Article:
LM DeBruine & BC Jones (2013). Evidence for specialized processing of facial kinship cues. Human Behavior and Evolution Society in Miami, Florida, USA. July 2013.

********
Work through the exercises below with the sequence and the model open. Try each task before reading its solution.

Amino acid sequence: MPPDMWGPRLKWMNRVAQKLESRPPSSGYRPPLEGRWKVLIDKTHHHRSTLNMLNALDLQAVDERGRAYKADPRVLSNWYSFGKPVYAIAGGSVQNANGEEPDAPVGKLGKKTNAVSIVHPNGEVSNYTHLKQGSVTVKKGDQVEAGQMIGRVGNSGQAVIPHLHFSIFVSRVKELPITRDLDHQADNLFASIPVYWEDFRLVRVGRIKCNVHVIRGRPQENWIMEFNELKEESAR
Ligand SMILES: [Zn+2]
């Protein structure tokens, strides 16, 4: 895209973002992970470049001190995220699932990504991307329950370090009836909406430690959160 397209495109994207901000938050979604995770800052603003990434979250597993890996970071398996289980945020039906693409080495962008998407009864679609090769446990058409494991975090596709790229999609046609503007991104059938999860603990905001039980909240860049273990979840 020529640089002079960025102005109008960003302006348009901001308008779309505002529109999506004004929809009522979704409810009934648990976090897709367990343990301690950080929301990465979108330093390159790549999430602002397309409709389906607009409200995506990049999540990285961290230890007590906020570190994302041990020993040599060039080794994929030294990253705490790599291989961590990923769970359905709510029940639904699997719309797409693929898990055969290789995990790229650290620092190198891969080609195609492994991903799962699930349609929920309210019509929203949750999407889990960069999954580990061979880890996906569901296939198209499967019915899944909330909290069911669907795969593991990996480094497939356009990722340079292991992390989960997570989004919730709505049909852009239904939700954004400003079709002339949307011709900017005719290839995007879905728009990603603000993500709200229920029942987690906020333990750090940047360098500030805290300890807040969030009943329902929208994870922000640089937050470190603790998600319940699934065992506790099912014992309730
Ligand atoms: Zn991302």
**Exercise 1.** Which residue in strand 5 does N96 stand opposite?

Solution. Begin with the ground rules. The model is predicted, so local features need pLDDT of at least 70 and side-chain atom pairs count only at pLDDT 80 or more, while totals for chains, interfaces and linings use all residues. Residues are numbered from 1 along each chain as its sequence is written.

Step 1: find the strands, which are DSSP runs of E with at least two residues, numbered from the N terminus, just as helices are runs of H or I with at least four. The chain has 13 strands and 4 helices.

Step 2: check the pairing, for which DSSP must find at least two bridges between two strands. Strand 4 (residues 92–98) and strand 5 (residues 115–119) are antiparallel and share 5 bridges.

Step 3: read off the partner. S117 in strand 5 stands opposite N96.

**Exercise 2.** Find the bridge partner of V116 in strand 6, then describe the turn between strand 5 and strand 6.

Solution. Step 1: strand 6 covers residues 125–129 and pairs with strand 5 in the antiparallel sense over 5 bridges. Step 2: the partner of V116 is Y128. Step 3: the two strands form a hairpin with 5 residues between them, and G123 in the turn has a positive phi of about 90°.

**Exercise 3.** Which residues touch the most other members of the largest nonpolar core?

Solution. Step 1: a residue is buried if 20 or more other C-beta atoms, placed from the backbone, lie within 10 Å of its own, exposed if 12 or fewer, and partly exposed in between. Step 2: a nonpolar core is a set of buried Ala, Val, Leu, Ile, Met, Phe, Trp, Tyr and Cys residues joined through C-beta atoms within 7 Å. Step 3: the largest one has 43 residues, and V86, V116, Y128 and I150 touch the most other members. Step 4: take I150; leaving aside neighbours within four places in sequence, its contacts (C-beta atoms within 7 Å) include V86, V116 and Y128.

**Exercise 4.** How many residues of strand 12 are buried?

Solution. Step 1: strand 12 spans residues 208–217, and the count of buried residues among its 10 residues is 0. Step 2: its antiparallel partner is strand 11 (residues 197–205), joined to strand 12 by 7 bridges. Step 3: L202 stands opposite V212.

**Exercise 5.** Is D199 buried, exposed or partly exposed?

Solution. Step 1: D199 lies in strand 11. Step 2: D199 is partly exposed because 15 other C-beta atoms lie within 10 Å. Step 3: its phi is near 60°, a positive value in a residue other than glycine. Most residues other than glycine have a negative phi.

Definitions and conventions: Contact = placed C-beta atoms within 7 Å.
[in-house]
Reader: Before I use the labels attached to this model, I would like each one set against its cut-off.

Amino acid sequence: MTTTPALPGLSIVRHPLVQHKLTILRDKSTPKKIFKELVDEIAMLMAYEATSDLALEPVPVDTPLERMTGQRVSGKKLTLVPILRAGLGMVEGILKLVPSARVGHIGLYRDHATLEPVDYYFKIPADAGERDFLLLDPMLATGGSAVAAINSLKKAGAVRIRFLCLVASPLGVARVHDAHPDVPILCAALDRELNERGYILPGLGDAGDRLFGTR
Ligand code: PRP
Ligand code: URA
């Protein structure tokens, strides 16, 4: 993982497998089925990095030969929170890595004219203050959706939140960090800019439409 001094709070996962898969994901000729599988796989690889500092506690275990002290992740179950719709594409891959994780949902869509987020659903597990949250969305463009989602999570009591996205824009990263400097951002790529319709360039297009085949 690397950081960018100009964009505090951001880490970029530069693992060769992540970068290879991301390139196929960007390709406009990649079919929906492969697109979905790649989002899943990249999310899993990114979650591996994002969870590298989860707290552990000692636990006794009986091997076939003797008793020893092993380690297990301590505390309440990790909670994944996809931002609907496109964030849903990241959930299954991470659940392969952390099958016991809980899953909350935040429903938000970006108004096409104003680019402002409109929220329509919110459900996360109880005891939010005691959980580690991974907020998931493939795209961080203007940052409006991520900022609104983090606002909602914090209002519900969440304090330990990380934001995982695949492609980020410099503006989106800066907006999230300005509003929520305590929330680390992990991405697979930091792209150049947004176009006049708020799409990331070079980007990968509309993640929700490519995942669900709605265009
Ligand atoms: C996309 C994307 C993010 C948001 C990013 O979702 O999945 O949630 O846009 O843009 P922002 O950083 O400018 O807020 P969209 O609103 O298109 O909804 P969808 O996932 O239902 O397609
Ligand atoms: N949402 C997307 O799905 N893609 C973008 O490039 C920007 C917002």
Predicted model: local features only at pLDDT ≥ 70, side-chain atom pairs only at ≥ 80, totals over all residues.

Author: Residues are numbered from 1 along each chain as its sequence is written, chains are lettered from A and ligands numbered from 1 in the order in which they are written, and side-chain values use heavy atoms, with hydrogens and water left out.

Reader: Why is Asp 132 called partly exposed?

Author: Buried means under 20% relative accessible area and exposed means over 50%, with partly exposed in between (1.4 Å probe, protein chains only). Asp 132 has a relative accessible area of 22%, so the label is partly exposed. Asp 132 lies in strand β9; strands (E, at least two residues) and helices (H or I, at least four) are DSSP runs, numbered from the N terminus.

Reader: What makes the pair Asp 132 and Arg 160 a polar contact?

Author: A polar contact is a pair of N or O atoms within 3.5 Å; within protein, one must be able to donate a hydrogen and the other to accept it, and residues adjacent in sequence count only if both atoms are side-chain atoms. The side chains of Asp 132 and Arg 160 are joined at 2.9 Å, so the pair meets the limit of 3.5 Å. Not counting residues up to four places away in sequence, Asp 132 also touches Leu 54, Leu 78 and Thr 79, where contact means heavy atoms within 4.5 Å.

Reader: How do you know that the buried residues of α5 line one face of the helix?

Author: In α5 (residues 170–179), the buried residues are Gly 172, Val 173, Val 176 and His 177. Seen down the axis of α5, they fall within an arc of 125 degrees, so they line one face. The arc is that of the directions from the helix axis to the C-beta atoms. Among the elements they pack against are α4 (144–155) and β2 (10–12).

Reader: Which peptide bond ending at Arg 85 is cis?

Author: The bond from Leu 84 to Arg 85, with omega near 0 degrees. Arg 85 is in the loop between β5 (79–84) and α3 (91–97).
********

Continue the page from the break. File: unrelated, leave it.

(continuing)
Many aspects of face processing, such as identity, gender and normality judgments, are severely disrupted by inversion. This inversion effect is thought to be a hallmark of configural processing, while featural processing is unimpaired by inversion. Previous research shows that gender-related physical differences between adult sibling faces influence similarity judgments, but not kinship judgments (i.e., gender differences are “discounted” when judging kinship). Since similarity judgments and gender discrimination are impaired by inversion, if kinship perception is simply a combination of the perceptual mechanisms for judging similarity and gender, then kin recognition should be disrupted by inversion for same-sex pairs and even more severely for opposite-sex pairs. However, here we find that inversion does not disrupt allocentric kin recognition for either same-sex or opposite-sex pairs, suggesting that kin recognition mechanisms may be relatively specialized and not simply a by-product of general face recognition mechanisms.

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